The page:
Sun, 20 Feb 2005 02:17:42 +0500
From: Muhammad Amin Chinoy
Subject: Pipkin IV fracture
Kindly opine the following problem:
Male 22 yrs of age, RTA, front seat passenger in a truck. Sustained grade IIIB fracture of Tibia, and a Posterior dislocation of the Ipsilateral Left Hip.
Emergent closed reduction performed, and Tibial wound debrided. Next day Exfix applied and fibula plated. Initially femoral head fracture was not appreciated and it was thought that this is a posterior wall fracture. Presently two weeks down the line, Tibial wound is better but not completely healthy. and plastics want to wait for another five days, before they flap it. I enclose radiographs, Judet view, Ct scans in this and following mails.
Will appreciate your input.
Dr. M. Amin Chinoy FRCS.
Date: Sat, 19 Feb 2005 15:22:11 -0800
From: Chip Routt
Reduce and fix it as we've outlined on this list several times before...maybe Bill can reference the prior discussions of anterior femoral head displaced fractures.
M.L. Chip Routt, Jr.,M.D.
Harborview Medical Center
Seattle, WA 98104-2499
Date: Sat, 19 Feb 2005 20:52:03 -0500
From: Bill Burman
>prior discussions of anterior femoral head displaced fractures.
Bill Burman, MD
Date: Sun, 20 Feb 2005 16:51:25 +0500
From: Muhammad Amin Chinoy
Thanks - My queries:
1) Timing. He still has a open tibial wound, and it is more than two weeks. Should it be done later or at the same time as the flap? What are the chances of infection ?
2)The femoral head fracture involves the anter-inferior part and not the weight bearing superior dome. Also while moving the hip after taking weight off the traction, it does seem pretty stable. Should it be fixed even then?
3)You mentioned 2 mm screws. Can a standard 3.5 mm radius ulna screw be used without risk of furhter fragmentation?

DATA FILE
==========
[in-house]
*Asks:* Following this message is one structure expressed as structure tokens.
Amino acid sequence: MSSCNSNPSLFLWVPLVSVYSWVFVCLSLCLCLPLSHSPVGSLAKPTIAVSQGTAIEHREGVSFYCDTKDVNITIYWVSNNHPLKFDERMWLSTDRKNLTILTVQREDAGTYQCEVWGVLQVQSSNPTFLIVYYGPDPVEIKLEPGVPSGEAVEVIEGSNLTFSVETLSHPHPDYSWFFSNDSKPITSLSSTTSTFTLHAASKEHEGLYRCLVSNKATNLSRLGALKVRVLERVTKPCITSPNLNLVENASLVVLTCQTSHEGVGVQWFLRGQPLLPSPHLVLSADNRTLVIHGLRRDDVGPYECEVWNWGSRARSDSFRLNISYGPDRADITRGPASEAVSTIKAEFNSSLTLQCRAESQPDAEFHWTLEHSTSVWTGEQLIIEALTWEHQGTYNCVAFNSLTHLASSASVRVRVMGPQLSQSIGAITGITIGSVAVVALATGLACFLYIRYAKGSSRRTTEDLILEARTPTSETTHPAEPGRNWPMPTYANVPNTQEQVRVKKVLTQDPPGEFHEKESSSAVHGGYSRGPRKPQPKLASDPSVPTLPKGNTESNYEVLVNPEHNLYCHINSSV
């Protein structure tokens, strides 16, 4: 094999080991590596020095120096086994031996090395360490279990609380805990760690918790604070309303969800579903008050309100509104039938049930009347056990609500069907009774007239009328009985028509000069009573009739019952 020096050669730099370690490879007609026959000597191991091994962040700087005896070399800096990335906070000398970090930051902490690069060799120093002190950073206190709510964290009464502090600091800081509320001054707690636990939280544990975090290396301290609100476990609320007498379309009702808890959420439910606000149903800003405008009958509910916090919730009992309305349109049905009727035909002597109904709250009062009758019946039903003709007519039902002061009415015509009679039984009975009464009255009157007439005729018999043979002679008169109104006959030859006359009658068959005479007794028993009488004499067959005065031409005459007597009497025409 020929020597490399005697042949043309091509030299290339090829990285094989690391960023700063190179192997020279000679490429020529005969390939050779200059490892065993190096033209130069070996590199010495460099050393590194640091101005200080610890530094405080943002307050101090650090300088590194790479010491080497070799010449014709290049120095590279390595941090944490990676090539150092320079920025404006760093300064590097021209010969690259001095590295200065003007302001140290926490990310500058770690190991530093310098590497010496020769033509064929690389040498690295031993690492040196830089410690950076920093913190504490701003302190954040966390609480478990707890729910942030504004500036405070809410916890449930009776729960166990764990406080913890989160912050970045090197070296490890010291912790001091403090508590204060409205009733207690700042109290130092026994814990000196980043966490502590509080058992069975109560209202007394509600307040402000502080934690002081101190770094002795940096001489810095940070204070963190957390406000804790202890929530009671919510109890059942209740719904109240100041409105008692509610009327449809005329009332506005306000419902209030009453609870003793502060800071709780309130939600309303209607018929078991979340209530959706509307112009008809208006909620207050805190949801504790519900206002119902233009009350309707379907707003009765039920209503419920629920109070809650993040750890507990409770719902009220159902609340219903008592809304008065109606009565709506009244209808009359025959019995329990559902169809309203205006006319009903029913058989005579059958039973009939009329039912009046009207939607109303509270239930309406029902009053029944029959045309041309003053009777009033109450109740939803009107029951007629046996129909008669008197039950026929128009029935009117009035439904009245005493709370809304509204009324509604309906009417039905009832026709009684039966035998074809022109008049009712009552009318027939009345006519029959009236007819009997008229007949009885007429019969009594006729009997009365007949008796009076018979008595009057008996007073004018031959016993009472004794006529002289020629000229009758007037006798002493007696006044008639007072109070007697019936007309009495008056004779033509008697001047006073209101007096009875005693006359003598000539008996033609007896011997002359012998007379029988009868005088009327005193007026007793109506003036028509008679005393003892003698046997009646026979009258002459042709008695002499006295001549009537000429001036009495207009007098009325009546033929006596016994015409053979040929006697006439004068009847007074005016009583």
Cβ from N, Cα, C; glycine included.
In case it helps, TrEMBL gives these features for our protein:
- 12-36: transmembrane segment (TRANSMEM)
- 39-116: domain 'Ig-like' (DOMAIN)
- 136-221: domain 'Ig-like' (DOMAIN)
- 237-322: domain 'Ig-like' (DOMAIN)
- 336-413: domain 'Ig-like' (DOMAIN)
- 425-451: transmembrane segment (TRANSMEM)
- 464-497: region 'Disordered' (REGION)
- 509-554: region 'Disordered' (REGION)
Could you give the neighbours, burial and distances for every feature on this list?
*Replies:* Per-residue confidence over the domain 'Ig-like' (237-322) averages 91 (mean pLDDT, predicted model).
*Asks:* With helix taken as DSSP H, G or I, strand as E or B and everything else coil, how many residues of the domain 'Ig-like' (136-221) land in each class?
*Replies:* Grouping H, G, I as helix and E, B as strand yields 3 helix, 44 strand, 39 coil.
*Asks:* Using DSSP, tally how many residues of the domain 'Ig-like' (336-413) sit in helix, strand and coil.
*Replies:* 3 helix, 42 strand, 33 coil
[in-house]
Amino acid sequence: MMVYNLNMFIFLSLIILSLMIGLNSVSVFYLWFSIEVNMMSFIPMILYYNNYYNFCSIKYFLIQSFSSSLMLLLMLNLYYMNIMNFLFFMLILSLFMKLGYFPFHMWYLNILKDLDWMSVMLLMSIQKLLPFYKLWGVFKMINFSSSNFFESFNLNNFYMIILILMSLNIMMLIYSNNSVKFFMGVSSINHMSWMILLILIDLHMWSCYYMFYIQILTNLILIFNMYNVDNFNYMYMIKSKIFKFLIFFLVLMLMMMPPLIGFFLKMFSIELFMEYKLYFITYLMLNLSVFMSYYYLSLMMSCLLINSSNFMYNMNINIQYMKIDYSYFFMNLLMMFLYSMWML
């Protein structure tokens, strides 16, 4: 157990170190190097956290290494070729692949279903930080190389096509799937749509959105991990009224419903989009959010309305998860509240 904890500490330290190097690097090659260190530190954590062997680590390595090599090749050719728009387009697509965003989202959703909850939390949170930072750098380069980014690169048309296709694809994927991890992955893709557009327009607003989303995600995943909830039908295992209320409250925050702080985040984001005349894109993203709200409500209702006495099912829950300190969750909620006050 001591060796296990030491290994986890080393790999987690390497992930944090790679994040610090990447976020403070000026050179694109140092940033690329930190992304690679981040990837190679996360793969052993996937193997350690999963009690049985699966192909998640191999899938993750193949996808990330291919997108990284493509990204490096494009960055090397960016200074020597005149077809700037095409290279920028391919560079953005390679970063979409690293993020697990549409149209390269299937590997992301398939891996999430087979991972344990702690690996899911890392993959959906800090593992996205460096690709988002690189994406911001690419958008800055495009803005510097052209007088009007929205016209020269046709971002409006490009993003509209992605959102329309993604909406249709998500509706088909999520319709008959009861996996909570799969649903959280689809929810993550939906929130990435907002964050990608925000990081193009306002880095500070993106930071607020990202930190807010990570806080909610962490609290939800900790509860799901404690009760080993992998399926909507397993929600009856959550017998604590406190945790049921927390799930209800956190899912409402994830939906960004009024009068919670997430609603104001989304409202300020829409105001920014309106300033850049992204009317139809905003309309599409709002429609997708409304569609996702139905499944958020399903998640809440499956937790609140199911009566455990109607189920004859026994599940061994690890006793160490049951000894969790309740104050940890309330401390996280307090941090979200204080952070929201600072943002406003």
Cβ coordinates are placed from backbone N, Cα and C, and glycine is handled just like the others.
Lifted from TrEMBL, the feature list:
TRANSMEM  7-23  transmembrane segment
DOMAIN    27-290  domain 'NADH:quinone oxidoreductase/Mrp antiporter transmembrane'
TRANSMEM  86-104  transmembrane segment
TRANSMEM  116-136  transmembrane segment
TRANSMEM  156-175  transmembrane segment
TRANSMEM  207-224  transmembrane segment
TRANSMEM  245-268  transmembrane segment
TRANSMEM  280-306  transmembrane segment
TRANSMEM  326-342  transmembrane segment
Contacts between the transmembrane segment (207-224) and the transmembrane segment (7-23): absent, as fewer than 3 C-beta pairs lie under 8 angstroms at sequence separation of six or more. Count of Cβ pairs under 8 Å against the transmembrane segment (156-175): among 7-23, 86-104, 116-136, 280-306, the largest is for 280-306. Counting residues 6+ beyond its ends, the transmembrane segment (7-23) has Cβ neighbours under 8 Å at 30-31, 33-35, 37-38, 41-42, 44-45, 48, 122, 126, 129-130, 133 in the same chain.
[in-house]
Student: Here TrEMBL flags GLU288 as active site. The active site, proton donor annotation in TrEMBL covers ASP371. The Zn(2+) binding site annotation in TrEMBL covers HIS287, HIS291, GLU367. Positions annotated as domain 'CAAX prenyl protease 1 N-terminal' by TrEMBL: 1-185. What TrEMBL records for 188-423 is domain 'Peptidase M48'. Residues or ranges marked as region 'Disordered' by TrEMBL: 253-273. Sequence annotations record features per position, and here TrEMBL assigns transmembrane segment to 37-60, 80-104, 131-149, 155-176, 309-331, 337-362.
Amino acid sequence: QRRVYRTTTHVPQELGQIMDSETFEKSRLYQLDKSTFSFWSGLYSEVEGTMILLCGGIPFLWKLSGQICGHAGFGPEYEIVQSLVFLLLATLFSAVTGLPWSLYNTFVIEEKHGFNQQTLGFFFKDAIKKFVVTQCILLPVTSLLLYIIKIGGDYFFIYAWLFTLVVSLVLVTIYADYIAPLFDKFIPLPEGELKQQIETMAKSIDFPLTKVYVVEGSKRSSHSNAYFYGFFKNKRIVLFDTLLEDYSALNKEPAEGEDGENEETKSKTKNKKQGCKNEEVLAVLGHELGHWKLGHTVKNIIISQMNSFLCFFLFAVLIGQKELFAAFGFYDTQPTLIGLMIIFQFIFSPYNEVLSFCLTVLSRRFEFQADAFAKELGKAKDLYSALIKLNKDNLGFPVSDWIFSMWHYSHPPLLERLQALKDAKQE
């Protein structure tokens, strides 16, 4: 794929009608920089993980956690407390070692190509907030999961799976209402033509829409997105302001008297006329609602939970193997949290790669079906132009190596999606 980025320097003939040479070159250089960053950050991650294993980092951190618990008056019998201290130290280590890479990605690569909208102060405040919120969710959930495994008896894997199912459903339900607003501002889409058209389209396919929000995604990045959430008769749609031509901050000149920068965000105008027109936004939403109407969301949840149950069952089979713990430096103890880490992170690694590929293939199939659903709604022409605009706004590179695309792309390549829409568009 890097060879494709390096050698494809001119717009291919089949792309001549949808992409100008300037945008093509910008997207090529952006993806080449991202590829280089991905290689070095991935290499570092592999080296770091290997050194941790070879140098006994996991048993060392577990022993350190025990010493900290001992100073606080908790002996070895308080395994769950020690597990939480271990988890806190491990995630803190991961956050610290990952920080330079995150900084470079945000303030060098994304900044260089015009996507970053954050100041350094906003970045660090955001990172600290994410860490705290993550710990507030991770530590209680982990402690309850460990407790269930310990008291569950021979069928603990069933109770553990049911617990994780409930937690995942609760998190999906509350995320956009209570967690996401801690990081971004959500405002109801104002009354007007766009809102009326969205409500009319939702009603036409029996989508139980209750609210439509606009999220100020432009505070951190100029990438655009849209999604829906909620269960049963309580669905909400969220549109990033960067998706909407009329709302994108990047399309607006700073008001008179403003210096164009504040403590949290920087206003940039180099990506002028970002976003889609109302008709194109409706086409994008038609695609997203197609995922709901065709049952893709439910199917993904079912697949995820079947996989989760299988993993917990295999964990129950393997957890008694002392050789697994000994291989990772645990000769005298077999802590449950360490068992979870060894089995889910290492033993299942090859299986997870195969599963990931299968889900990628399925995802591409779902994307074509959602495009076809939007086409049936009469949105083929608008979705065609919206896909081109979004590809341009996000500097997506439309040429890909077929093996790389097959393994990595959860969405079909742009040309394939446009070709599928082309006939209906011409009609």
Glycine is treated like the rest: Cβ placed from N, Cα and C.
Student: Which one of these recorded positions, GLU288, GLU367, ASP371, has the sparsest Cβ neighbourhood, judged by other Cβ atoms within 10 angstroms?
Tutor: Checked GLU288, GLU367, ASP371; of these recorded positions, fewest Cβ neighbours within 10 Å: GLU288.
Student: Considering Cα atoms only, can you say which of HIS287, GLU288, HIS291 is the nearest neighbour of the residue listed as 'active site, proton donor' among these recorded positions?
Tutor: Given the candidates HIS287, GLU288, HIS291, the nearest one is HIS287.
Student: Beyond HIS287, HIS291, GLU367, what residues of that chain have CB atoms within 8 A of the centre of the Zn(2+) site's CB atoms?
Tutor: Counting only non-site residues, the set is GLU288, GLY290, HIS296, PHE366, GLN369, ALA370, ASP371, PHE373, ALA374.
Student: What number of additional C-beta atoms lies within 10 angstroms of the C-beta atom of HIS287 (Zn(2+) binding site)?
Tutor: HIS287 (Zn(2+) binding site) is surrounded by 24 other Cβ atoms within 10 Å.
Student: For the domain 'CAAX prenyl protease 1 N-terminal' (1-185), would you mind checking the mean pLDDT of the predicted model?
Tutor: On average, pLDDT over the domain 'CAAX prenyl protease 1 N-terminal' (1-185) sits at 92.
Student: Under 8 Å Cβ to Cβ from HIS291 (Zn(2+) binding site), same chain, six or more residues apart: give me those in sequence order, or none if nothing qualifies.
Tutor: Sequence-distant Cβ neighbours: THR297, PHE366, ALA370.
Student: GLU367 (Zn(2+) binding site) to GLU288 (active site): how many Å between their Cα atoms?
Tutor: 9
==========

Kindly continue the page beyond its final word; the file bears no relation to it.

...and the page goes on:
4) Would simple excision of the fragment make the head unstable?
Muhammad Amin Chinoy
Date: Sun, 20 Feb 2005 08:50:32 -0800
From: Chip Routt
You can do whatever you want to do, and you can rationalize/justify anything that you do.
What would you do to the patient if he was your son? Or you at 22 years old?
Some surgeons believe that a spherically reduced and concentric hip joint is important for durability.
For that reason, those surgeons will work hard to restore hip joint congruity especially in a young adult.
It doesn't mean that they are right.
I can't see his tibial wound and even if I could, I'd debride the tibia and its open wound until it was clean.
Then I'd expose the hip using a modified Smith Petersen exposure. I'd spare the LFCN branches and tenotomize the rectus common tendon.
I'd open the capsule anteriorly using an oblique T-shaped capsulotomy with the vertical limb of the T paralleling the femoral neck and the upper limb of the T paralleling yet sparing the labrum.
I'd remove the displaced and malrotated head fragment, clean it on the back table, apply 2 or 3 glide holes, then clean the hip joint of debris, look at the acetabular fracture thru the joint and assure that it hasn't further displaced.
Then on the clock deliver the shaft/neck/head fragment into the wound (some call this a "surgical dislocation"), then I'd orient/reduce the fragment from the back table onto the "surgically dislocated" fragment, assure that it's reduction was visibly perfect, hold it with K wires inserted thru the fovea central is area to avoid further damage to the head, secure that reduction with small screws using the previously applied glide holes, bury the heads to the subchondral bone level, remove the wires, and place the unit back into the acetabulum.
The "surgical dislocation" usually lasts about 7-10 minutes by the clock depending on the amount of peripheral comminution.
Then do a passive range of motion to assure stability...it will be.
Wash the wound and hip joint. Close the capsulotomy, repair the rectus tenotomy, close the wound, spare the LFCN branches. Then move the hip after surgery.
We recommend some form of HO prohylaxis based on what we've learned.
No one knows the chances of infection.
Based on the selected images that you shared with us, I would not leave it as is. The fragment is significant in terms of its size and location and displacement.
Standard 3.5 mm screws can be used but they have a more prominent head profile than the smaller screws. Further fragmentation due to the screws will depend more on their location and application than size.
In order to accurately reduce this fracture, you'll need to remove it from the hip joint and wound in order to prepare it for fixation. When it is out of the joint, you can perform a passive range of motion to assess the hip joint stability. Typically, hip stability is determined by more factors than simply the size of the fracture fragment alone.
Your concerns are appropriate, but should not paralyse your care.
Treat him like you would want to be treated, and you'll make the correct decisions-